Baghdad’s protest movement: despondent and divided

by Prashant Rao

Note: This article was originally published by AFP on January 31, 2012. It can be found in full here.

BAGHDAD (AFP) – Nearly a year after national rallies rocked the government, Iraq’s protest movement is a shadow of its former self, after the authorities cracked down and demonstrators themselves became divided.

While thousands of people took to the streets on February 25, Baghdad’s Tahrir Square — flooded last year by protesters calling for reforms on the heels of regional revolts — now sees barely 100 people at Friday rallies.

And many of these now shout pro-government slogans or are plainclothes security officers.

Organisers of last year’s protests paint a picture of a movement suspicious of its own members, unwilling to risk what rights groups have condemned as unnecessary restrictions instigated by a “budding police state.”

“The momentum we had in February 2011 is not there any more,” said Kamal, a rally organiser who asked that he be identified only by his first name.

“We are weaker than a year ago, and we are more divided.”

“When we did what we did in February, we had more faith and hope. I don’t want to say we were wrong,” he said. “We were unrealistic.”

Last year’s protests, held in more than a dozen cities, were sparked by massive pro-democracy demonstrations in Tunisia and Egypt that led to the overthrow of those countries’ strongmen.

Protesters in Iraq, however, rallied over basic issues such as water and electricity services, which remain sporadic and unreliable almost nine years after the US-led invasion ousted Saddam Hussein.

They also demanded an end to endemic state corruption and the provision of much-needed jobs.

Fifteen demonstrators were killed in clashes with police.

In response, Prime Minister Nuri al-Maliki gave his cabinet 100 days to shape up or face the sack.

The authorities diverted funds earmarked for warplanes to food for the poor and upped allocations for generator fuel for Iraq’s boiling summer, when electricity shortfalls are substantial.

In the end, no ministers were fired even though no significant legislation was passed, and little tangible progress was made towards meeting protesters’ demands.

June 10 protests that followed the expiry of Maliki’s 100-day deadline were a key moment in the evolution of the demonstrations, protesters and rights groups say.

Whereas previous weekly rallies, though dwindling in number, had criticised the government, the Tahrir Square demonstration in June saw critics outnumbered by its supporters.

Anti-government protesters dispersed after rival demonstrators assaulted several people.

“The turning point, really, in the demonstrations, was the June 10 demonstration,” said Samer Muscati, a Middle East and North Africa researcher for Human Rights Watch (HRW).

“Most of the people we speak to, after that day, they realised they have to take their security seriously.

“That was the turning point, that’s when the authorities realised they were on to something, that this is a more effective way of dealing with the protesters, and what they did was successful.”

Muscati and Kamal both said government supporters had co-opted demonstrators using a combination of financial incentives and threats, in an attempt to lessen their numbers and breed internal suspicion.

New York-based HRW sharply criticised Baghdad over its response to the demonstrations, arguing in a report this month that Iraq was “a budding police state” and “slipping back into authoritarianism.”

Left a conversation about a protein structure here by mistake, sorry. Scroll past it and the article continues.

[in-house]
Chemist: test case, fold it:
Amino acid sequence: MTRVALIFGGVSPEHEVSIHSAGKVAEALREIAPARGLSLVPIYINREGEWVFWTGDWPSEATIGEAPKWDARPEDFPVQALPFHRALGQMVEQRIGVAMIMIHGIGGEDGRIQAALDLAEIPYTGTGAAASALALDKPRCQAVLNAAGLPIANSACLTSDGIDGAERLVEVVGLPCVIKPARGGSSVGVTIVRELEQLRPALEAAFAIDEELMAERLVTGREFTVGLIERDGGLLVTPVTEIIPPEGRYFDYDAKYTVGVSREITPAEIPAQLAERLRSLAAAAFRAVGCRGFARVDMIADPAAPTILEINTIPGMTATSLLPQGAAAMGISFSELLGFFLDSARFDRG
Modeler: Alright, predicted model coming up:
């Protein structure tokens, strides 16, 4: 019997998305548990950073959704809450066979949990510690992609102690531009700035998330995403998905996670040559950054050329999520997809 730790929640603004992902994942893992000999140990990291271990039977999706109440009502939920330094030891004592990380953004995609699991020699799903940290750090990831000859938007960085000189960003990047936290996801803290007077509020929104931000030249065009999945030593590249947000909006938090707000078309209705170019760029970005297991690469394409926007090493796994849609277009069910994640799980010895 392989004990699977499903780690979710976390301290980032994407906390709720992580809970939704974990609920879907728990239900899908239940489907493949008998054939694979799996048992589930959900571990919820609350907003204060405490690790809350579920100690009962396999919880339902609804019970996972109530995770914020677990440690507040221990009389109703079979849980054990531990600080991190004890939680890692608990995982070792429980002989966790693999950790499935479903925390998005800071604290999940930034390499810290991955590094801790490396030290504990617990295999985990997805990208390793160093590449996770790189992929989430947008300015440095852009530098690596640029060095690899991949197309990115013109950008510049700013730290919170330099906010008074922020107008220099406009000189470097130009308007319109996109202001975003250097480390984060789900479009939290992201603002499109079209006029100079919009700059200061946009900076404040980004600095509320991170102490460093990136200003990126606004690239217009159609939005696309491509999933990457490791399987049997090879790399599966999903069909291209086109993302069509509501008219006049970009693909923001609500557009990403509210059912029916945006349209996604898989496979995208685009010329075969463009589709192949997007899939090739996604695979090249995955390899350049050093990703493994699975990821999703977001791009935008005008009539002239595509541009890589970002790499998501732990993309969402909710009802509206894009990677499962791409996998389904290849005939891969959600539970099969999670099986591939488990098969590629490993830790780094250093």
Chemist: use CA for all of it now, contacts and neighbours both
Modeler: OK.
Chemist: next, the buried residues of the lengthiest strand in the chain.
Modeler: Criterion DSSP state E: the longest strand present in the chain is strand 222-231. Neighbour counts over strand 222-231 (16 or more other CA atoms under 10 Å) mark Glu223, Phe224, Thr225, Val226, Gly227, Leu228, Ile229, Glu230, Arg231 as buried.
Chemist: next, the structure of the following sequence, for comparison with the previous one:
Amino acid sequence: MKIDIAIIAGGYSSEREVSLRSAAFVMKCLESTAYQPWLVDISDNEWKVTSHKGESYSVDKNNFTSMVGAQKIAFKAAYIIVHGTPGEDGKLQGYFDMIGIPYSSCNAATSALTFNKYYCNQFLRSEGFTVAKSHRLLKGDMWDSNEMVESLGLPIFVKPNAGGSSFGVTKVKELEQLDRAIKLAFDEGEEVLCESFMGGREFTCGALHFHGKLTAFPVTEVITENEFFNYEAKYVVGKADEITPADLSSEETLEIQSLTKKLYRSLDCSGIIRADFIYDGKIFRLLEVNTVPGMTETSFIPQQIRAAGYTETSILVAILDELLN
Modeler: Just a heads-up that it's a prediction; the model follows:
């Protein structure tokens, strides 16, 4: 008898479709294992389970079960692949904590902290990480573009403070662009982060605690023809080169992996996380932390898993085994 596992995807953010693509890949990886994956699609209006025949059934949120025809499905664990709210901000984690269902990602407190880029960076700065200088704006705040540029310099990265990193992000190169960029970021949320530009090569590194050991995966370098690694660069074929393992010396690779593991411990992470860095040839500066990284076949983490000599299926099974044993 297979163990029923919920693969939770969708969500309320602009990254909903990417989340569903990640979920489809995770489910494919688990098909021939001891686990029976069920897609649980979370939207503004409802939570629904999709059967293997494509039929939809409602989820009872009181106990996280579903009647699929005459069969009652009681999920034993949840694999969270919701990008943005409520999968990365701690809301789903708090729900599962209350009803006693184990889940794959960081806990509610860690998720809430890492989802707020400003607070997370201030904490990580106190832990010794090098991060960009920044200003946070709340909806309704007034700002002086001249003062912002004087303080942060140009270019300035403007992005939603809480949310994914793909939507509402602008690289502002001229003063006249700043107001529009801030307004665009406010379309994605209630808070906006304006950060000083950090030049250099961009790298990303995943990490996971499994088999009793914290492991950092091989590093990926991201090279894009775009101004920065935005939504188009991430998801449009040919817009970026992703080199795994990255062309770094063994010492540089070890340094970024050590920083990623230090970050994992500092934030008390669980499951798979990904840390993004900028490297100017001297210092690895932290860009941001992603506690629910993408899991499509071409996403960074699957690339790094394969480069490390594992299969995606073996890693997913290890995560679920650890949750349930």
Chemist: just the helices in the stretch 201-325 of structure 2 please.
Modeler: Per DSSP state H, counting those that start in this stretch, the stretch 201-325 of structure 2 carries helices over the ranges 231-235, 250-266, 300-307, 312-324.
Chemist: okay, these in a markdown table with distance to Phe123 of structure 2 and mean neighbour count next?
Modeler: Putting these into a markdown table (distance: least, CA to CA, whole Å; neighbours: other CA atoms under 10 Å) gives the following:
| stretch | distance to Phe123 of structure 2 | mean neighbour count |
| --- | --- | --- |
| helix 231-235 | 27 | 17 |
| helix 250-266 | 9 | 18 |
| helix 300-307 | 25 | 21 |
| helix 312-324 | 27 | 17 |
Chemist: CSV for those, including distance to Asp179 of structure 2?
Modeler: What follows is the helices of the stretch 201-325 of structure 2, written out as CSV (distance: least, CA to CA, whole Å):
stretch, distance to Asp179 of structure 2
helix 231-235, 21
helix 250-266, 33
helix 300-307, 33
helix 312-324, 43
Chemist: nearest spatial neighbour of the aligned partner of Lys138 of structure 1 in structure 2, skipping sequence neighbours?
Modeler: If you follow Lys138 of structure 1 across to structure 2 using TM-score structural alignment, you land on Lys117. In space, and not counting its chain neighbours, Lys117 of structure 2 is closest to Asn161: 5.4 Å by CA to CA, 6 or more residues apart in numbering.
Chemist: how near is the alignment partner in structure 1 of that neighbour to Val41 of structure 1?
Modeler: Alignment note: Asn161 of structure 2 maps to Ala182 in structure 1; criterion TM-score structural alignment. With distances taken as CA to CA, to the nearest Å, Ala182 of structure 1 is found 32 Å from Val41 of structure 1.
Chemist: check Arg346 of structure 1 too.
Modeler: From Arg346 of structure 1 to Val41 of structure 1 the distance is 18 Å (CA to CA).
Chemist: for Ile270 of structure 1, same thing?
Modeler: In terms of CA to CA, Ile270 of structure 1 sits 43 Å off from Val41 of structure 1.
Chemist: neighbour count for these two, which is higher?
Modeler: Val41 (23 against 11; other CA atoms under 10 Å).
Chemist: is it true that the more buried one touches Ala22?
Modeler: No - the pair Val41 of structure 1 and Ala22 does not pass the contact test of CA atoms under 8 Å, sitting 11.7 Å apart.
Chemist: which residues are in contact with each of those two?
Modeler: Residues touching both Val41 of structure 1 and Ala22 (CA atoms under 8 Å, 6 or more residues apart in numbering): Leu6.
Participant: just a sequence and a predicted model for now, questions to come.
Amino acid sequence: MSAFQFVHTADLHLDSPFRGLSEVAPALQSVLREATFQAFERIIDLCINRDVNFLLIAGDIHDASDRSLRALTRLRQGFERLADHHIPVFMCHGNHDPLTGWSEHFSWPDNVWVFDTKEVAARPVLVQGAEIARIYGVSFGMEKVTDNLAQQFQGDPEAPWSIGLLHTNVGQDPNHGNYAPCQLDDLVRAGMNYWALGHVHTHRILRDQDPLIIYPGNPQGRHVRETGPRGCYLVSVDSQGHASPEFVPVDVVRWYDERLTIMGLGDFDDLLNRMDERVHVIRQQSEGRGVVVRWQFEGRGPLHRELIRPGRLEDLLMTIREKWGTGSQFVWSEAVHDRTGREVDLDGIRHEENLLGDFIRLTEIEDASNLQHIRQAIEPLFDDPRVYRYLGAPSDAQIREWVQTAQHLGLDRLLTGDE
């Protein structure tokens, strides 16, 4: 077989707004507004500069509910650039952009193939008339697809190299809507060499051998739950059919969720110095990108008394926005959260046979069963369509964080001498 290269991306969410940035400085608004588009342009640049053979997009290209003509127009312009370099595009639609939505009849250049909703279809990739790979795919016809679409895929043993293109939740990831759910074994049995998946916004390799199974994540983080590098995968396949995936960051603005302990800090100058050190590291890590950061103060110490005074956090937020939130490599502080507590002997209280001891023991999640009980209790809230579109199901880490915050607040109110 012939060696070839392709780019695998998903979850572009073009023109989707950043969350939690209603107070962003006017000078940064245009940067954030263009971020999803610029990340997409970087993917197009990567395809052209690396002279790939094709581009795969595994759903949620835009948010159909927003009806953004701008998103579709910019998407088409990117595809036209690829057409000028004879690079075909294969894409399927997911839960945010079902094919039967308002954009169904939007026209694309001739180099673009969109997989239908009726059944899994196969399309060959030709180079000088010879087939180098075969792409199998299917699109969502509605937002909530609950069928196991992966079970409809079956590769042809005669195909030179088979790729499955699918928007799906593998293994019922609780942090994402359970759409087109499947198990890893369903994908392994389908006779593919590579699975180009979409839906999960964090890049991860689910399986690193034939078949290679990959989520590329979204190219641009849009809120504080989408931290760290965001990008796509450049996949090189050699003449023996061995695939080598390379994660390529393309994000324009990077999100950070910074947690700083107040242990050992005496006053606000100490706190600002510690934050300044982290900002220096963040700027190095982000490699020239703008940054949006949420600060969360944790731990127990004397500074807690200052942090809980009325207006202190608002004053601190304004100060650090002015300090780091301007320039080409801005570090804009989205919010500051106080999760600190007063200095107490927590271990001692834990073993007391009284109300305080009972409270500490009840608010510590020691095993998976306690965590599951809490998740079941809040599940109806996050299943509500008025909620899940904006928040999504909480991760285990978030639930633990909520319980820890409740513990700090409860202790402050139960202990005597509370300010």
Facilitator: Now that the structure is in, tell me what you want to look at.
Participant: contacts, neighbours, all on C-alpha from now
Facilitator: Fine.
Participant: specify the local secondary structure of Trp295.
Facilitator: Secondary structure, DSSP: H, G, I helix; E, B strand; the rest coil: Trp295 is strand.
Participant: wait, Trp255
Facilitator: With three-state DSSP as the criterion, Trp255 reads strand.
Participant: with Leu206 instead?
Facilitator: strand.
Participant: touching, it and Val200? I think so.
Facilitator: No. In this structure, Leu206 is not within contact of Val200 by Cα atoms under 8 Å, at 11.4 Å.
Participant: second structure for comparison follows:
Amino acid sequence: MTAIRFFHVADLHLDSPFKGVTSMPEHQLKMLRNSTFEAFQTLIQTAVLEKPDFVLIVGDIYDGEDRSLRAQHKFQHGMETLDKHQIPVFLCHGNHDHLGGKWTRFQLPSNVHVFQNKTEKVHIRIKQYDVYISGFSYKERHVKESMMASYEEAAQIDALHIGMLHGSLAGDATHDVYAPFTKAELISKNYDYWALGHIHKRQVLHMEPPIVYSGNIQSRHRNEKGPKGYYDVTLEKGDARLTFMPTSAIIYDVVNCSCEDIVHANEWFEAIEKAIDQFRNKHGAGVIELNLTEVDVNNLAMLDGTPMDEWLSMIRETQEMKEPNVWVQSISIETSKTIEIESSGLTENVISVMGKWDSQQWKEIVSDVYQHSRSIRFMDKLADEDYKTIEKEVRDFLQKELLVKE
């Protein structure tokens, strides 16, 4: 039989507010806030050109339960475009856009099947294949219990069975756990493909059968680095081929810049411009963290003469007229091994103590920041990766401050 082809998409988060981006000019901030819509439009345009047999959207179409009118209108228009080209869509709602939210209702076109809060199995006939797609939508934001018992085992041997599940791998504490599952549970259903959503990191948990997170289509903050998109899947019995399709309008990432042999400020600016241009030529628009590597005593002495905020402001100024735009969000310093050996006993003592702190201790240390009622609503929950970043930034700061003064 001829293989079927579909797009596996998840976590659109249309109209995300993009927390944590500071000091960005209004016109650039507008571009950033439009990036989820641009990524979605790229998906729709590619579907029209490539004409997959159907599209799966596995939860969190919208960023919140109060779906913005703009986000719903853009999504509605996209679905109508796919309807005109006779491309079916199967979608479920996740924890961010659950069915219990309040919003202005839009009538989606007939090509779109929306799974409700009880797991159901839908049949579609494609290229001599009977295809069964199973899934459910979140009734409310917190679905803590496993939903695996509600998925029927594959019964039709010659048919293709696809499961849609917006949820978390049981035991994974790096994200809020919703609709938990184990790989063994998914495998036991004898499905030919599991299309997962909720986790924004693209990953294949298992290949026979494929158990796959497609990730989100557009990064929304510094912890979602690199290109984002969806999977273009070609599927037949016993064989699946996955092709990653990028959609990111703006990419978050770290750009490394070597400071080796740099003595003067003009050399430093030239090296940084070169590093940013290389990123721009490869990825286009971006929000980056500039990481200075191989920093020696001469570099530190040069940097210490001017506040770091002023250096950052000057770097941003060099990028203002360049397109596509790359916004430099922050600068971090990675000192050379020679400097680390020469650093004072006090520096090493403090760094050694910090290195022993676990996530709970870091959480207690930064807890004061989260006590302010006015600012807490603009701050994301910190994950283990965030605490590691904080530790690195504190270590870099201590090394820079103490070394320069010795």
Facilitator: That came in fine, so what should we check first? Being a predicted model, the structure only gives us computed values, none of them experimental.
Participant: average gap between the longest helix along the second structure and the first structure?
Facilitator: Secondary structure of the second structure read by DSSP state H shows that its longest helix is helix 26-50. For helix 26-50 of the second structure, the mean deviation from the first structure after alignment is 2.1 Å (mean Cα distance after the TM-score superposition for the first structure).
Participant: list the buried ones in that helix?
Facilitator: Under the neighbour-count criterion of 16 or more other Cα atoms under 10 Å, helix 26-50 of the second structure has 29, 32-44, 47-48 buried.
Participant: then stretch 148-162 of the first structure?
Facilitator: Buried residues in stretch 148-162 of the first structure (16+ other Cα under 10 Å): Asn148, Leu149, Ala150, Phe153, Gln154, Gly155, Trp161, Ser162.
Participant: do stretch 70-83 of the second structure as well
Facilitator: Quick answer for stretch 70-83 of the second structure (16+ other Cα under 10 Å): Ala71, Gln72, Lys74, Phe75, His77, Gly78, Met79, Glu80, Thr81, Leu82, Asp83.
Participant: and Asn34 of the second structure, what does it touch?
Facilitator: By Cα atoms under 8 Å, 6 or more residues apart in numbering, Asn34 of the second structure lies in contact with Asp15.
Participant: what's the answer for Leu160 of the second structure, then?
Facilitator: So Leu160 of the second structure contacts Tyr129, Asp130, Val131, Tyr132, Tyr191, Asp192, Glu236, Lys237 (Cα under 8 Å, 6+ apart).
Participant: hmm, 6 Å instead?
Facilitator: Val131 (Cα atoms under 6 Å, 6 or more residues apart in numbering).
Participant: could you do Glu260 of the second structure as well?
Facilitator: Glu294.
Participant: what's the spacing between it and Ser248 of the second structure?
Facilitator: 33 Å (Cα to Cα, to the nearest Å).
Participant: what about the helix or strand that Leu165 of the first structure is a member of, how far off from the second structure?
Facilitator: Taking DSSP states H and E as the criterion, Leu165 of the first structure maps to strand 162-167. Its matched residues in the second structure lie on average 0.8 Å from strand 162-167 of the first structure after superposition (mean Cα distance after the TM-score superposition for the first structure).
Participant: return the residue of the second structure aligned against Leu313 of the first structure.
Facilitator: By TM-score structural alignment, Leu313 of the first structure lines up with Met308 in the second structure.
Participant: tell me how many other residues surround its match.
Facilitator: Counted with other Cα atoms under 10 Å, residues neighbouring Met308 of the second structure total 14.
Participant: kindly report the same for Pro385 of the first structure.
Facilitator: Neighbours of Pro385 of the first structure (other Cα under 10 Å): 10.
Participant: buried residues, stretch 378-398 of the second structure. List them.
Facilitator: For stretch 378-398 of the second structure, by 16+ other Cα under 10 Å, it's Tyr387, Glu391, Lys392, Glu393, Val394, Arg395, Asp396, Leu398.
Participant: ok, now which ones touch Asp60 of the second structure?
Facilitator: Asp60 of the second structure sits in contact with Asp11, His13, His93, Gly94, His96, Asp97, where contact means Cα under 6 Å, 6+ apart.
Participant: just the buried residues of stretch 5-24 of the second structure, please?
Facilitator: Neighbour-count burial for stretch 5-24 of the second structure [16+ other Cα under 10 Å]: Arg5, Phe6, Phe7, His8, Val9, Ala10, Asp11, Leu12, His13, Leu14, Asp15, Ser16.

Reporters Without Borders, meanwhile, has said journalists were targeted by security forces during the Tahrir Square demonstrations.

Journalists and protesters point to the unsolved September 2011 murder of Hadi al-Mehdi, a radio reporter who had criticised the government, as a sign of a wider crackdown.

Many blame the authorities for Mehdi’s death, a charge officials vehemently deny.

The government insists it has not ordered any crackdown, and says instances of violence against protesters are one-off incidents which it condemns.

“The protests began with logical demands which were possible to achieve,” said Maliki spokesman Ali Mussawi.

“I won’t say we achieved all of them, but now in the streets the people believe that the government is serious.”

He added: “The figure for people who protest has decreased. Those who protest now are from political blocs, and do not represent Iraqis.”

At a recent Friday rally in Tahrir Square, around 150 protesters crowded the area, many calling for the execution of Sunni Arab Vice President Tareq al-Hashemi, who is charged with running a death squad, accusations he and his supporters say are politically motivated.

Others said Turkey, with which Iraq is in a diplomatic dispute, should mind its own business. Only a minority called for improved services and jobs for the unemployed.

All were corralled inside a military cordon with protesters and journalists frisked before entering.

A blogger and activist, who asked to be identified as Hayder Hamzoz, remains hopeful, despite avoiding Tahrir Square for months after being attacked for a second time in July by people in civilian clothes he says were security men.

“I am not depressed — I believe the people can change things because of what has happened in other countries in the Arab world,” the 23-year-old said. “I believe the people can choose what they want.”

“But time — they need time.”

Hamzoz noted that young activists had jokingly coined a new word to express the current state of governance in Iraq — “demotatoria,” a combination of democracy and dictatorship.

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